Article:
Martinetes (Spanish pronunciation: [martiˈnetes], sing. martinete) are a flamenco palo belonging to the group of the tonás or cantes a palo seco. As the rest of the songs in this group, it is sung with no accompaniment. In some dance shows for the stage, though, it is accompanied by percussion played with the compás of siguiriya. The percussion instruments chosen for this are frequently a hammer and anvil, to evocate the origins of this palo, attributed to Gypsy smiths. It is not probable, though, that they were real work songs: they demand too much effort and faculties to be sung while carrying out a heavy task like that of a smith. They were more probably sung in family gatherings.
Although martinetes are often classified under the toná group on the grounds that they share its a cappella nature, the melody types differ strongly from the rest of tonás, so it is now generally considered to be a different palo. A characteristic that differentiates them from the tonás, normally in major mode, is their modulating character, constantly going from major to phrygian mode.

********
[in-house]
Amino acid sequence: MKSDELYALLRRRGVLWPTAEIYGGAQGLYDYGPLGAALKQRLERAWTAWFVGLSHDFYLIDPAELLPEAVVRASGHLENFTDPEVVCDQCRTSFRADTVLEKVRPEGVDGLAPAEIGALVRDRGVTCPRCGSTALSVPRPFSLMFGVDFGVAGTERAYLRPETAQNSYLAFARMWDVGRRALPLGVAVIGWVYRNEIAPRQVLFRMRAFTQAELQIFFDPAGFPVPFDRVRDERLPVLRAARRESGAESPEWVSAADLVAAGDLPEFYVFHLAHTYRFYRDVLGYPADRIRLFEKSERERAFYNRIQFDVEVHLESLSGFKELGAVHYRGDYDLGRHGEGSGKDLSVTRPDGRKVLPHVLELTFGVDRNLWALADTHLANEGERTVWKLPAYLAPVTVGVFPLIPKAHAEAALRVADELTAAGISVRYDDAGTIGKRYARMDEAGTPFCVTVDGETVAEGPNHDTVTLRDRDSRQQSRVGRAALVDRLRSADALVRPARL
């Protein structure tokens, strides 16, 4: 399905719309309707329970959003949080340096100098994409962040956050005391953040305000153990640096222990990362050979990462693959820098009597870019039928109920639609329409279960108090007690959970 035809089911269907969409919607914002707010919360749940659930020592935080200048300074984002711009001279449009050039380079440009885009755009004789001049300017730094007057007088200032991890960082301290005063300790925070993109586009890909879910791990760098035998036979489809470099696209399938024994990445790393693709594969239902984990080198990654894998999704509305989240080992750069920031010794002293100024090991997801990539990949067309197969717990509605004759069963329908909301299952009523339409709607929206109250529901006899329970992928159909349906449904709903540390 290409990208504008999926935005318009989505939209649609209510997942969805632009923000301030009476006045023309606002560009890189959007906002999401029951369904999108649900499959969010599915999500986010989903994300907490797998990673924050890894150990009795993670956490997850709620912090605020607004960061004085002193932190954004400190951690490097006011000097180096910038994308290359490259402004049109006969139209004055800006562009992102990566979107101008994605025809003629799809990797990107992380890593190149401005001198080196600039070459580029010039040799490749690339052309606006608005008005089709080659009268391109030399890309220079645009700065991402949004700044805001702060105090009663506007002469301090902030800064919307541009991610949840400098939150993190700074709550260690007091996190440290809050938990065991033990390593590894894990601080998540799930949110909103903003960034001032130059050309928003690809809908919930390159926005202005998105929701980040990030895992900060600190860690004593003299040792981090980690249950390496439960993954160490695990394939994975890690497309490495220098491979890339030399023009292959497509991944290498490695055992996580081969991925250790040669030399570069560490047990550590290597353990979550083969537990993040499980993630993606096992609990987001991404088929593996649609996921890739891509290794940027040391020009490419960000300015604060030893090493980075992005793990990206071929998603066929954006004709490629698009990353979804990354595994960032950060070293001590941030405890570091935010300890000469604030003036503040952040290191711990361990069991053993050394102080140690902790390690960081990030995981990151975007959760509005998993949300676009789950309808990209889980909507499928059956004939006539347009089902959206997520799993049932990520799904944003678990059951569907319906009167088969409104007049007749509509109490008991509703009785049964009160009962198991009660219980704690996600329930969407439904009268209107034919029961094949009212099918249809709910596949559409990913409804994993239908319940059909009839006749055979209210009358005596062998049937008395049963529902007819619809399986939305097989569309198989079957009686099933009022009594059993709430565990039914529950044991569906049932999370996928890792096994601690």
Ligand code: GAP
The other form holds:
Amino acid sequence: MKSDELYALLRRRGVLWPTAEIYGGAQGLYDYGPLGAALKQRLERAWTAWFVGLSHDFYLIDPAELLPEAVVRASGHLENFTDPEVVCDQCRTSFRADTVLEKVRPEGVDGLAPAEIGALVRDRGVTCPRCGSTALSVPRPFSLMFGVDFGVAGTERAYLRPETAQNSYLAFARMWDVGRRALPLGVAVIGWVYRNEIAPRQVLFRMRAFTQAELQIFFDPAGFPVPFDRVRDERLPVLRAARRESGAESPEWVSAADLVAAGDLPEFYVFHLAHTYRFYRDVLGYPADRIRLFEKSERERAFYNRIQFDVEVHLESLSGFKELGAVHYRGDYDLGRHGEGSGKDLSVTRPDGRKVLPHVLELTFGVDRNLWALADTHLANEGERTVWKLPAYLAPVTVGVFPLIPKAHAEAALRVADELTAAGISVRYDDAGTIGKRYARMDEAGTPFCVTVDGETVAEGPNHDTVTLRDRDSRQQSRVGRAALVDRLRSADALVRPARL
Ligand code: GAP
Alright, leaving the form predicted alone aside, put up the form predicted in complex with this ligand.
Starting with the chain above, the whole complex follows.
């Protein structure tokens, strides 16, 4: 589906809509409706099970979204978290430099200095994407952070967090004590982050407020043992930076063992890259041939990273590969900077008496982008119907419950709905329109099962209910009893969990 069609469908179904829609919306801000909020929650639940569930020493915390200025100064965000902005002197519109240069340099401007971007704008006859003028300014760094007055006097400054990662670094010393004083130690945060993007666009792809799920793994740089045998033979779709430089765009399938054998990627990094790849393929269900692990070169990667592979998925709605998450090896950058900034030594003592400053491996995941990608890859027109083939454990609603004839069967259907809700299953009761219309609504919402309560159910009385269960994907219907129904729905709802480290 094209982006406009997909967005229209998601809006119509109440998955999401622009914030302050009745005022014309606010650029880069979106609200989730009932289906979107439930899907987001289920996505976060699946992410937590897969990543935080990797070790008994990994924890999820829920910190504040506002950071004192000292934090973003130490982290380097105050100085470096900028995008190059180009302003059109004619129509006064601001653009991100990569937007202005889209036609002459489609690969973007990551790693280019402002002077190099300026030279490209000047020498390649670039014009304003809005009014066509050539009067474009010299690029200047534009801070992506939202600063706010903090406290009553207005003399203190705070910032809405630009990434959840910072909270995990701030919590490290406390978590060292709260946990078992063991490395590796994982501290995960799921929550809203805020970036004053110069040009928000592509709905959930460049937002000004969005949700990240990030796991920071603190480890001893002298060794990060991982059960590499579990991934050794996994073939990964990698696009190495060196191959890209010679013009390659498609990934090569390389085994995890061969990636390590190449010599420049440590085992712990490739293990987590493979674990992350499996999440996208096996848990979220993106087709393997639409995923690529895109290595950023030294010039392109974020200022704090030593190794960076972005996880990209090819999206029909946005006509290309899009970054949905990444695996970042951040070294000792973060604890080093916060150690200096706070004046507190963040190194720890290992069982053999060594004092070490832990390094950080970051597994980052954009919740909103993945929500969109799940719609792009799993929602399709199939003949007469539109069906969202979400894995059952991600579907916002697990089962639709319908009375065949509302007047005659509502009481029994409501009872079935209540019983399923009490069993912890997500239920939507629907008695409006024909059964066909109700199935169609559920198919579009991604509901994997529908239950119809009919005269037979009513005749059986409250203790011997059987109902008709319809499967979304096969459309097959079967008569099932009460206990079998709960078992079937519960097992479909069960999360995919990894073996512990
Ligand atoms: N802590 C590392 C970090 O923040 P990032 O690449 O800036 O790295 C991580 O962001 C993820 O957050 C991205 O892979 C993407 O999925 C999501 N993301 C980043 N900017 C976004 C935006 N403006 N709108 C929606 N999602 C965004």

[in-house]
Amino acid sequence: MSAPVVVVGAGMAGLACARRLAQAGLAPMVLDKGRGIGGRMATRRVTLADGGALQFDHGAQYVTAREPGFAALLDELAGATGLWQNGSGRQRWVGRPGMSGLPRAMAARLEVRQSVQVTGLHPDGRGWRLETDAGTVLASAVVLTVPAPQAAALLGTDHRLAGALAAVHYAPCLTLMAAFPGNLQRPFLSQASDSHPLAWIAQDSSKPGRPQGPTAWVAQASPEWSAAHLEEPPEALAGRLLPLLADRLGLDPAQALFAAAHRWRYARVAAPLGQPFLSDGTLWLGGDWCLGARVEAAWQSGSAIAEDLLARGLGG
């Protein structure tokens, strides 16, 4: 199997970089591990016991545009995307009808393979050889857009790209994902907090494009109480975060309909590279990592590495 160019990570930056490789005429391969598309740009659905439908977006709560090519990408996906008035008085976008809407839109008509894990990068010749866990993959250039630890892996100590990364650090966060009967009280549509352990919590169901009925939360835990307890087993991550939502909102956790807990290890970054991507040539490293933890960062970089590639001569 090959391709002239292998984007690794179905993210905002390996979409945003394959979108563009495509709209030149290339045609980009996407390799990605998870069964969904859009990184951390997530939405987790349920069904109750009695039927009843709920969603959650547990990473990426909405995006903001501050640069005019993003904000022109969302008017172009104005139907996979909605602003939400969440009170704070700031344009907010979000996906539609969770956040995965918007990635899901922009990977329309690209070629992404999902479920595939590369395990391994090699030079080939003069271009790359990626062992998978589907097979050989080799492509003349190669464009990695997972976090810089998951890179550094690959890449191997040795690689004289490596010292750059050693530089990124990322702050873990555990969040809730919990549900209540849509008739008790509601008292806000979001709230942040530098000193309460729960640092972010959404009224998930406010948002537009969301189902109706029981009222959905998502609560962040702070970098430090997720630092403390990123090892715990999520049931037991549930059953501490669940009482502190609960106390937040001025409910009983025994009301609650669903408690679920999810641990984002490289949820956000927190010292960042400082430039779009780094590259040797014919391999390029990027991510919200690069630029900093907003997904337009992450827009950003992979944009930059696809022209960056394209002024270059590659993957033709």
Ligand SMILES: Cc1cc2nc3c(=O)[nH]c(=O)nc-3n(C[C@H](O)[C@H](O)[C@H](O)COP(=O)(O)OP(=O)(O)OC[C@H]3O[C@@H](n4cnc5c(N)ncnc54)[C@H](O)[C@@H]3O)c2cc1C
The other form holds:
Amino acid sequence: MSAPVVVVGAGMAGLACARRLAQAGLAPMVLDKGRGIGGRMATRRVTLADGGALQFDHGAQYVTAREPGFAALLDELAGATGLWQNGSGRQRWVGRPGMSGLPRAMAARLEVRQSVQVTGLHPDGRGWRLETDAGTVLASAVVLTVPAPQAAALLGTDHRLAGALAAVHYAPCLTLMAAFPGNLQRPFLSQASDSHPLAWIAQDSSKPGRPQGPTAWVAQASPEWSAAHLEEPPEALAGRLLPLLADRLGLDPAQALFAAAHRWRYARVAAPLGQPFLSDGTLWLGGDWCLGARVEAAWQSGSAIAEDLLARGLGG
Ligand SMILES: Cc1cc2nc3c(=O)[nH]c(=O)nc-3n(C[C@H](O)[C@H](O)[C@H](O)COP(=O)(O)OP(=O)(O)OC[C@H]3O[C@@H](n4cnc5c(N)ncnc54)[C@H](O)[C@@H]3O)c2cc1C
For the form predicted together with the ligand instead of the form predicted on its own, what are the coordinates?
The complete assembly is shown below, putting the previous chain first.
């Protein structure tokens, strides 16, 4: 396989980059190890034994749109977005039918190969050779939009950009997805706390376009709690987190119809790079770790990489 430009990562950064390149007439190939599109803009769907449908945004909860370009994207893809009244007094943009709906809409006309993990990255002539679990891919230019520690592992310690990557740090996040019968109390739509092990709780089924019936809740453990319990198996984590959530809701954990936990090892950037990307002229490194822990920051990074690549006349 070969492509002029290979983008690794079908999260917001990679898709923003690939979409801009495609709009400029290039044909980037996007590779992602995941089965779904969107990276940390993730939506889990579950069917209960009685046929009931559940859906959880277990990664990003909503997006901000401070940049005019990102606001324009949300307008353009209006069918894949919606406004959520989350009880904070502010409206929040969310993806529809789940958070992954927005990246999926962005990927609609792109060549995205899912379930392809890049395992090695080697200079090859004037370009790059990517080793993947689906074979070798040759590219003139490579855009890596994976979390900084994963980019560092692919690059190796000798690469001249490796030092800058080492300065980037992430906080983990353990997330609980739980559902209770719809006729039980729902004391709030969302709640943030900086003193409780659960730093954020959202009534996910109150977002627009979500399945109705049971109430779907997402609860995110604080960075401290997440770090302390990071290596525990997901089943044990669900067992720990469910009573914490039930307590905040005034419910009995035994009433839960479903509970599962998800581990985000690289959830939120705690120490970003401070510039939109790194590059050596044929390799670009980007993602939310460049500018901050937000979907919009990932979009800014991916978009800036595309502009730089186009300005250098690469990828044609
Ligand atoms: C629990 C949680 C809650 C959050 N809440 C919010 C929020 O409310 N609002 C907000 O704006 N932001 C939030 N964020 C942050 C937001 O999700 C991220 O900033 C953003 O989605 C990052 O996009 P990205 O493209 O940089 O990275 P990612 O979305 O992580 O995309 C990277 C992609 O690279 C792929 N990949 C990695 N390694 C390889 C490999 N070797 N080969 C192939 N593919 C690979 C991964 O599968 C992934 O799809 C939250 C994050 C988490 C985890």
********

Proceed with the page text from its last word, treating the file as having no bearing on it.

The stanza of the martinete is the cuarteta romanceada: four eight-syllable lines, rhyming in assonance abcb. The subject matters often contain allusions to persecution, prison, and the environment of the forges.
Carceleras are usually considered a subclassification of martinetes, with prison as the subject matter of their lyrics. The debla, a rather rare style, is considered by some flamenco fans as a type of martinete, while other consider it as a palo on its own.
ÁLVAREZ CABALLERO, Ángel: La discoteca ideal del flamenco, Planeta, 1995
MARTÍN SALAZAR, Jorge: Los cantes flamencos, Diputación Provincial de Granada
ROSSY, Hipólito: Teoría del cante jondo, CREDSA, second edition, 1998 (first edition 1966)
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